Missing Link

By: Trevor Chartrand

Animation studio Laika Entertainment has a reputation for dark and brooding content with releases like Corpse Bride (2005) or Coraline (2009), but this year’s Missing Link breaks their mold as a fun-for-most-ages adventure story.

The tale of Sir Lionel Frost (Hugh Jackman), Missing Link chronicles a self-involved new-world explorer on his search for Sasquatch in the early 20th century.  Desperate to go down in history, Frost learns to favor friendship over fame when he meets a surprisingly articulate Bigfoot named Mr. Link (Zach Galifianakis).  Together with his no-nonsense ex-girlfriend Adelina Fortnight (Zoe Saldana), Frost journeys into the Himalayas to help his new furry pal find his yeti ancestors.

There’s plenty of fun to be had in this globe-trotting adventure – between the exploration, adventure and action sequences, viewers will be reminded of the Indiana Jones films and will undoubtedly notice their influence on Missing Link.  The animation looks great: with expressive character designs and detailed set pieces and world-building, this film is certainly worth a watch.

Having said that, the hardest thing to pin down with this film is the age group it’s aimed for, especially with audiences becoming more and more sensitive and animated movies becoming more and more watered down in recent years.  Much like this month’s Shazam!, this family film isn’t afraid to mix some adult humor among the jokes for the little ones.  It’s never any raunchier or any more inappropriate than Shrek was in 2001, but current kids movies tend to play things safer, and this material may be jarring for unsuspecting parents.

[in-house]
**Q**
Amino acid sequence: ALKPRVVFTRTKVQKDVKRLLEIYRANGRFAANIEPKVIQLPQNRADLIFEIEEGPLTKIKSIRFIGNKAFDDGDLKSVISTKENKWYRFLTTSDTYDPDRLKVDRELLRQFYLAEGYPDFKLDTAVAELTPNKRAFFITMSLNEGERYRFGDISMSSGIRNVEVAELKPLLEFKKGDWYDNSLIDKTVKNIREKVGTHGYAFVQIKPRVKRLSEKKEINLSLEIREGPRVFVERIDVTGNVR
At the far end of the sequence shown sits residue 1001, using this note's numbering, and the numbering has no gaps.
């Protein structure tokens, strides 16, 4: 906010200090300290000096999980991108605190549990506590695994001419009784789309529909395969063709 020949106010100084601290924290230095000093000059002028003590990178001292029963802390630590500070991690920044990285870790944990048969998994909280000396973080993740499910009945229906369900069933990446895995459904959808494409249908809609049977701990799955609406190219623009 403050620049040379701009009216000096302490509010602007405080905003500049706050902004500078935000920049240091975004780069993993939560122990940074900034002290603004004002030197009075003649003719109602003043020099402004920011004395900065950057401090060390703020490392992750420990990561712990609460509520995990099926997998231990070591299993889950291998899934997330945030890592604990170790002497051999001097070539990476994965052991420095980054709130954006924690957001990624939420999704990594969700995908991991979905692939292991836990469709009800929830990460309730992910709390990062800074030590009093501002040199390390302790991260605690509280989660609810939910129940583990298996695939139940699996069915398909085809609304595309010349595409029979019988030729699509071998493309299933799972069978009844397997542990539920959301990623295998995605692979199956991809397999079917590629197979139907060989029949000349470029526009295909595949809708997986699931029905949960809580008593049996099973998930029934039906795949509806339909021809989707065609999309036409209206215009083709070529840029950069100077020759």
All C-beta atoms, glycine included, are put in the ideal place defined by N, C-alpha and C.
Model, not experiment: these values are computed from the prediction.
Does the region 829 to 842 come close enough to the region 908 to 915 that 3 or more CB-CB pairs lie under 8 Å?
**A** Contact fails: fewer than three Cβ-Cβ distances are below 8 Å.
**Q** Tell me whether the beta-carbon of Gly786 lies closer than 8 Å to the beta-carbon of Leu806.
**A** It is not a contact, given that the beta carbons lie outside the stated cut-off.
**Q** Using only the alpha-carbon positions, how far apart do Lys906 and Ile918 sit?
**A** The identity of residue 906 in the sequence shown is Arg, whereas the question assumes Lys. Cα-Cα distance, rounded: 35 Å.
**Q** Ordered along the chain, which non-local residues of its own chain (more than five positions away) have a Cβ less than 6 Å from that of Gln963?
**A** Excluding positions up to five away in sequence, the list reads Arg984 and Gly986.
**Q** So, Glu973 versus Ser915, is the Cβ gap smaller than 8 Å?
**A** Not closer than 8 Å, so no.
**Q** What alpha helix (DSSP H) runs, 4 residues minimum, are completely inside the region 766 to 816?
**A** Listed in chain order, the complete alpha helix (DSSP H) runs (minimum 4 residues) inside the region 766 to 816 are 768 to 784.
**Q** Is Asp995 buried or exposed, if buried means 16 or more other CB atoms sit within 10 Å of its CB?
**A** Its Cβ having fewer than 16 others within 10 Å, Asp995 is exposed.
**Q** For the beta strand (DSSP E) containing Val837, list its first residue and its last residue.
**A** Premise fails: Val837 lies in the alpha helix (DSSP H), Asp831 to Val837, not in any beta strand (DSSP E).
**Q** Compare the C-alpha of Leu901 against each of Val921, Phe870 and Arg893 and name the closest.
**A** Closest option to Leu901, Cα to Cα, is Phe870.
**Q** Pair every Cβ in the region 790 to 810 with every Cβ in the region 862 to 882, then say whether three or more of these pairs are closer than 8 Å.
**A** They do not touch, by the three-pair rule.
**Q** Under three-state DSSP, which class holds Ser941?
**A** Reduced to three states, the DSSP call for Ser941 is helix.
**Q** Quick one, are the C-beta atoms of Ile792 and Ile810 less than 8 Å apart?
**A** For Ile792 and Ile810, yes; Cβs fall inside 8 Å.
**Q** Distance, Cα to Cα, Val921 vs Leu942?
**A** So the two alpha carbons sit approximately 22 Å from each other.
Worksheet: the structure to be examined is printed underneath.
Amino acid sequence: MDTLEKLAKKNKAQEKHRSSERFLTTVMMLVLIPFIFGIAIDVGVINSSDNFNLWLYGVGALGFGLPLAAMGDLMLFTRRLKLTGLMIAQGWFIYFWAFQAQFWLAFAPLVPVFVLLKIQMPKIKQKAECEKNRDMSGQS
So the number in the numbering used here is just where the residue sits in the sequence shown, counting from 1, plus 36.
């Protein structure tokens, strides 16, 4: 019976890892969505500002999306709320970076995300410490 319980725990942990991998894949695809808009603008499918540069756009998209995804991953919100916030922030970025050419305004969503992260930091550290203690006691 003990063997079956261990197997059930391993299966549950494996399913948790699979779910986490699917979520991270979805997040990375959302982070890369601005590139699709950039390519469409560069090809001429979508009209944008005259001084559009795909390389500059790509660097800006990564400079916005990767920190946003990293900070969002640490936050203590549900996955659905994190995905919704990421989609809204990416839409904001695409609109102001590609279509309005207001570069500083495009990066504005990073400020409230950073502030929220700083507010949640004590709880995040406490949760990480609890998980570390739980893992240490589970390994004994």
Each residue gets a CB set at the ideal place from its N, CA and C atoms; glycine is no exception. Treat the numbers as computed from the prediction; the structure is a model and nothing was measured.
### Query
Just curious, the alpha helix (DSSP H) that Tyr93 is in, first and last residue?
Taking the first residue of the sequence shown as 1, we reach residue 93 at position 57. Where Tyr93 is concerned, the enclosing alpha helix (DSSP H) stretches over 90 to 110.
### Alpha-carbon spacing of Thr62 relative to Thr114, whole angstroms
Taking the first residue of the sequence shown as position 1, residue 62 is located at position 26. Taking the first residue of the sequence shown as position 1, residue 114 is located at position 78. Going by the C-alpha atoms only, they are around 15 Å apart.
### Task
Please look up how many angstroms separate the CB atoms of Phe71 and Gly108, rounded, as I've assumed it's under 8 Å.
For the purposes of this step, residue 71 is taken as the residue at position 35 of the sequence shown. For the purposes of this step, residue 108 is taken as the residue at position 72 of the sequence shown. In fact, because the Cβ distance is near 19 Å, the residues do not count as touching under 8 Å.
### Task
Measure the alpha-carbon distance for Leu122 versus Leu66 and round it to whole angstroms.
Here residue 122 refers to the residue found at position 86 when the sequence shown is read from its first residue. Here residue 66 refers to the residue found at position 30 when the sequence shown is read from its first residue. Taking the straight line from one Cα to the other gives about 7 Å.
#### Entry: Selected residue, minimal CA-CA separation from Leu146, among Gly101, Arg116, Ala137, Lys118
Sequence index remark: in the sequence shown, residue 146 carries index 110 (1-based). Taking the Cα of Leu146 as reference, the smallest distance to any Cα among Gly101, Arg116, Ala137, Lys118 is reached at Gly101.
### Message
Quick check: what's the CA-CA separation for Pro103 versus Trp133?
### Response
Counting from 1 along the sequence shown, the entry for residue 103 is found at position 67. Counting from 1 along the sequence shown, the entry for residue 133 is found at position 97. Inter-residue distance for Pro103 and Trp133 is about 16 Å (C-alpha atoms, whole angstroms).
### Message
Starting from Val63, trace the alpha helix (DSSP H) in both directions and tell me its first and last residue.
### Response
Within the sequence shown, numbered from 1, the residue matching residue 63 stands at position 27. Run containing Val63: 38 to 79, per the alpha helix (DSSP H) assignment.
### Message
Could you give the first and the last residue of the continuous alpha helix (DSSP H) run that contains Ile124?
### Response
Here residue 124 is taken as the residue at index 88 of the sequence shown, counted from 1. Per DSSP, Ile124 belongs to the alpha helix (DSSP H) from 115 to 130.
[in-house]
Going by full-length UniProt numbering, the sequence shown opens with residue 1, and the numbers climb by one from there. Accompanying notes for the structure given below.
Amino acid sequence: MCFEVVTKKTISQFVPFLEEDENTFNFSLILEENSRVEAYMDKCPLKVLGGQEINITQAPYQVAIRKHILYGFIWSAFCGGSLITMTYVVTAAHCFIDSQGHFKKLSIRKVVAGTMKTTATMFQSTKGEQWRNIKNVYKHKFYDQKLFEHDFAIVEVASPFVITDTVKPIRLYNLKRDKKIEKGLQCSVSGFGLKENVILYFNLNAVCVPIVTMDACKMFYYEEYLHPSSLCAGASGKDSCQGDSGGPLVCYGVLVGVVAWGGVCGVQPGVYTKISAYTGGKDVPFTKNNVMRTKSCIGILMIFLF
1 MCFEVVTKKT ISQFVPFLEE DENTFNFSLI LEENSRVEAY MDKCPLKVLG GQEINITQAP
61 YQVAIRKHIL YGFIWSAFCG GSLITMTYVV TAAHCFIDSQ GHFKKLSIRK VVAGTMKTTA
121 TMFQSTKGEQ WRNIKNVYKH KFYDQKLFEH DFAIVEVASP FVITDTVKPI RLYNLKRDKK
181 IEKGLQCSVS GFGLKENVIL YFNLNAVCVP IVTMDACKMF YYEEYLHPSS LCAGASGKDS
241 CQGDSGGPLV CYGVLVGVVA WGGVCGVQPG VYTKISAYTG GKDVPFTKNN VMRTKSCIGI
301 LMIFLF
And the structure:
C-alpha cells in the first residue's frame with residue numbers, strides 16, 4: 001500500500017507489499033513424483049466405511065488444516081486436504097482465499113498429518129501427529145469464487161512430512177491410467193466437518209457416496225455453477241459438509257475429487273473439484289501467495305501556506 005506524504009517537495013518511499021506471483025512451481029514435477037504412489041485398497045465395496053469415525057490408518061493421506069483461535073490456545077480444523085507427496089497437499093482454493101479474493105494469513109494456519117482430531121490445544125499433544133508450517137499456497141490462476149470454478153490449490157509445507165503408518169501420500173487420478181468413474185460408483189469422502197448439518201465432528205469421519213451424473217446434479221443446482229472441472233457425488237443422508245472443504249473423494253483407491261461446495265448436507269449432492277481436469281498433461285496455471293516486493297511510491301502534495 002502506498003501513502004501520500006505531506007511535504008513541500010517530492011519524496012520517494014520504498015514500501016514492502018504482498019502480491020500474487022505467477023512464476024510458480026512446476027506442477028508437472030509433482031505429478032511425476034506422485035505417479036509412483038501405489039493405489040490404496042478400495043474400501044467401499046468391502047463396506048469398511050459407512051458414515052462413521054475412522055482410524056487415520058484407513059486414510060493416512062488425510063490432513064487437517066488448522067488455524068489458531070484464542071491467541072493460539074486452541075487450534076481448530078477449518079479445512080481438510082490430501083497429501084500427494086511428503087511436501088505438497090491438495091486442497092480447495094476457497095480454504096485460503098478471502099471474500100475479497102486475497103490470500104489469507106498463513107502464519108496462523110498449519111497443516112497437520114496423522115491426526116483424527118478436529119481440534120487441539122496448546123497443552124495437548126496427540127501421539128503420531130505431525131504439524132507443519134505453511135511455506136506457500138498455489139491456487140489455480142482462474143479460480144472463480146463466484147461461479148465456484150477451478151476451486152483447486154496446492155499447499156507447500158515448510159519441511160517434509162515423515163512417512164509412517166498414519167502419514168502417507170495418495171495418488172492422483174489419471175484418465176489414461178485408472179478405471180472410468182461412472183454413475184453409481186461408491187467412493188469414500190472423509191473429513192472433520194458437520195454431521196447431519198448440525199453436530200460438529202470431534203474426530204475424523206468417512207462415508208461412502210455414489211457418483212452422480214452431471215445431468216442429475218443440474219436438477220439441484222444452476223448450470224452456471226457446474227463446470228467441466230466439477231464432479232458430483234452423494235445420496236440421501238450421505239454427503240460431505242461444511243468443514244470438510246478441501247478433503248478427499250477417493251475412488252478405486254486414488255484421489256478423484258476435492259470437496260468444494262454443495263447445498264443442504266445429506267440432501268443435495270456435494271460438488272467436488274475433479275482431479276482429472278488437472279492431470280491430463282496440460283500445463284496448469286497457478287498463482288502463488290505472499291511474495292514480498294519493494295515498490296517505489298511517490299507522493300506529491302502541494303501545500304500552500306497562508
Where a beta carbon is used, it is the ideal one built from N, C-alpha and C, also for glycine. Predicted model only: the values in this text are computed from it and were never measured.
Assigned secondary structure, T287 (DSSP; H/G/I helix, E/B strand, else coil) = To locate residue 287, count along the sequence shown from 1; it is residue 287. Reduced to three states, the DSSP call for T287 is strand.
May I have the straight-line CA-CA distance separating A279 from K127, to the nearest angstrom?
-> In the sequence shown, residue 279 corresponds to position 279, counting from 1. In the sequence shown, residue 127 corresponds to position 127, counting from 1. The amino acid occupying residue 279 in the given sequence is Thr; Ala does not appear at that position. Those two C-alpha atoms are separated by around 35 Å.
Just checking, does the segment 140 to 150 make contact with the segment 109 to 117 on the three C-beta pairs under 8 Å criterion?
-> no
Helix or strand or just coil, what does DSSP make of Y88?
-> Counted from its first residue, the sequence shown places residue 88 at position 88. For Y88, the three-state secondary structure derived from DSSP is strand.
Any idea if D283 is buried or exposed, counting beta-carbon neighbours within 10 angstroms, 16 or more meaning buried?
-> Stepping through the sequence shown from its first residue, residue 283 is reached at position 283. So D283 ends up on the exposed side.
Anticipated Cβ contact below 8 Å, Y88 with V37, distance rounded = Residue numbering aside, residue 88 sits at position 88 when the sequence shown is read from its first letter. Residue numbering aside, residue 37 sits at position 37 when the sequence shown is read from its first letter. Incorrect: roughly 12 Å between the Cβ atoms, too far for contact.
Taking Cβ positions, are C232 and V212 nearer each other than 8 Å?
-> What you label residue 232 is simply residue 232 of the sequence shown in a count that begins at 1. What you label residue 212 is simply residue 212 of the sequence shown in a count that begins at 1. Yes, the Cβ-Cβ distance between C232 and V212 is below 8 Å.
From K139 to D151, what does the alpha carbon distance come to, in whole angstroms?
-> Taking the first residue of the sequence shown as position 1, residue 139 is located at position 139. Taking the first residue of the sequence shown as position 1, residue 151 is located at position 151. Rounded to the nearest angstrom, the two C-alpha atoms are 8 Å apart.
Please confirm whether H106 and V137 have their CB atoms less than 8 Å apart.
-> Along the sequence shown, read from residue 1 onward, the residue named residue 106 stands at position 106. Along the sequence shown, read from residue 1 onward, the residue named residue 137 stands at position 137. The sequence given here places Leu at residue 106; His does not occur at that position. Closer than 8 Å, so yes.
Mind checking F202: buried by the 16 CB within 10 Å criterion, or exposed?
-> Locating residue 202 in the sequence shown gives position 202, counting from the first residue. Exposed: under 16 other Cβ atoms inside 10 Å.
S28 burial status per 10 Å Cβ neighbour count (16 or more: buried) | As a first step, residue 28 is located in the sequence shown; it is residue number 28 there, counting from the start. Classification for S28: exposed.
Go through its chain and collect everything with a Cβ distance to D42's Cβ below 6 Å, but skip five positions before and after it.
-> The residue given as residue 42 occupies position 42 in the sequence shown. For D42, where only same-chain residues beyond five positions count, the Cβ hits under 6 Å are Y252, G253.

The characters and morals in Missing Link are strong, with the theme of putting others first presented in a way that respects kids and their critical thinking skills.  Children will be able to access the lessons of the movie, and the film doesn’t ever pander to them or spell it out.  The weakest characters in this film are the underdeveloped villains, who don’t appear to be motivated enough to go to such great lengths to keep Sasquatch a secret.  Stephen Fry and Timothy Olyphant turn in fantastic vocal performances, but the characters themselves are weak and underutilizes.  The rest of the cast is great as well, with strong chemistry between the entire ensemble.  Galifianakis is especially funny as the fish-out-of-water Sasquatch who takes everything literally.  The comedy is timed well and the actors effectively bring life to their animated counterparts.

It’s impossible to review this film without comparing it to that other recently-released Sasquatch movie, Smallfoot (2018).  Now I’d consider Missing Link as a comedic and thoughtful film, and Smallfoot as more of a vapid, yet entertaining… babysitting tool.  That is, parents can put Smallfoot on to distract the kids while they get some chores done, but the whole family is more likely to be engaged while watching Missing Link.

Overall, Missing Link is a fun and funny film that parents and (most) kids should enjoy.  With plenty of material, there’s undoubtedly something for everyone here.  The action is exciting and the adventure takes us to beautifully rendered locales from all over the world.  The characters are fun and the story is simple, but engaging.  This is a harmless and highly recommended film for kids and parents alike.  Just be sure to check some of your sensitives at the door.


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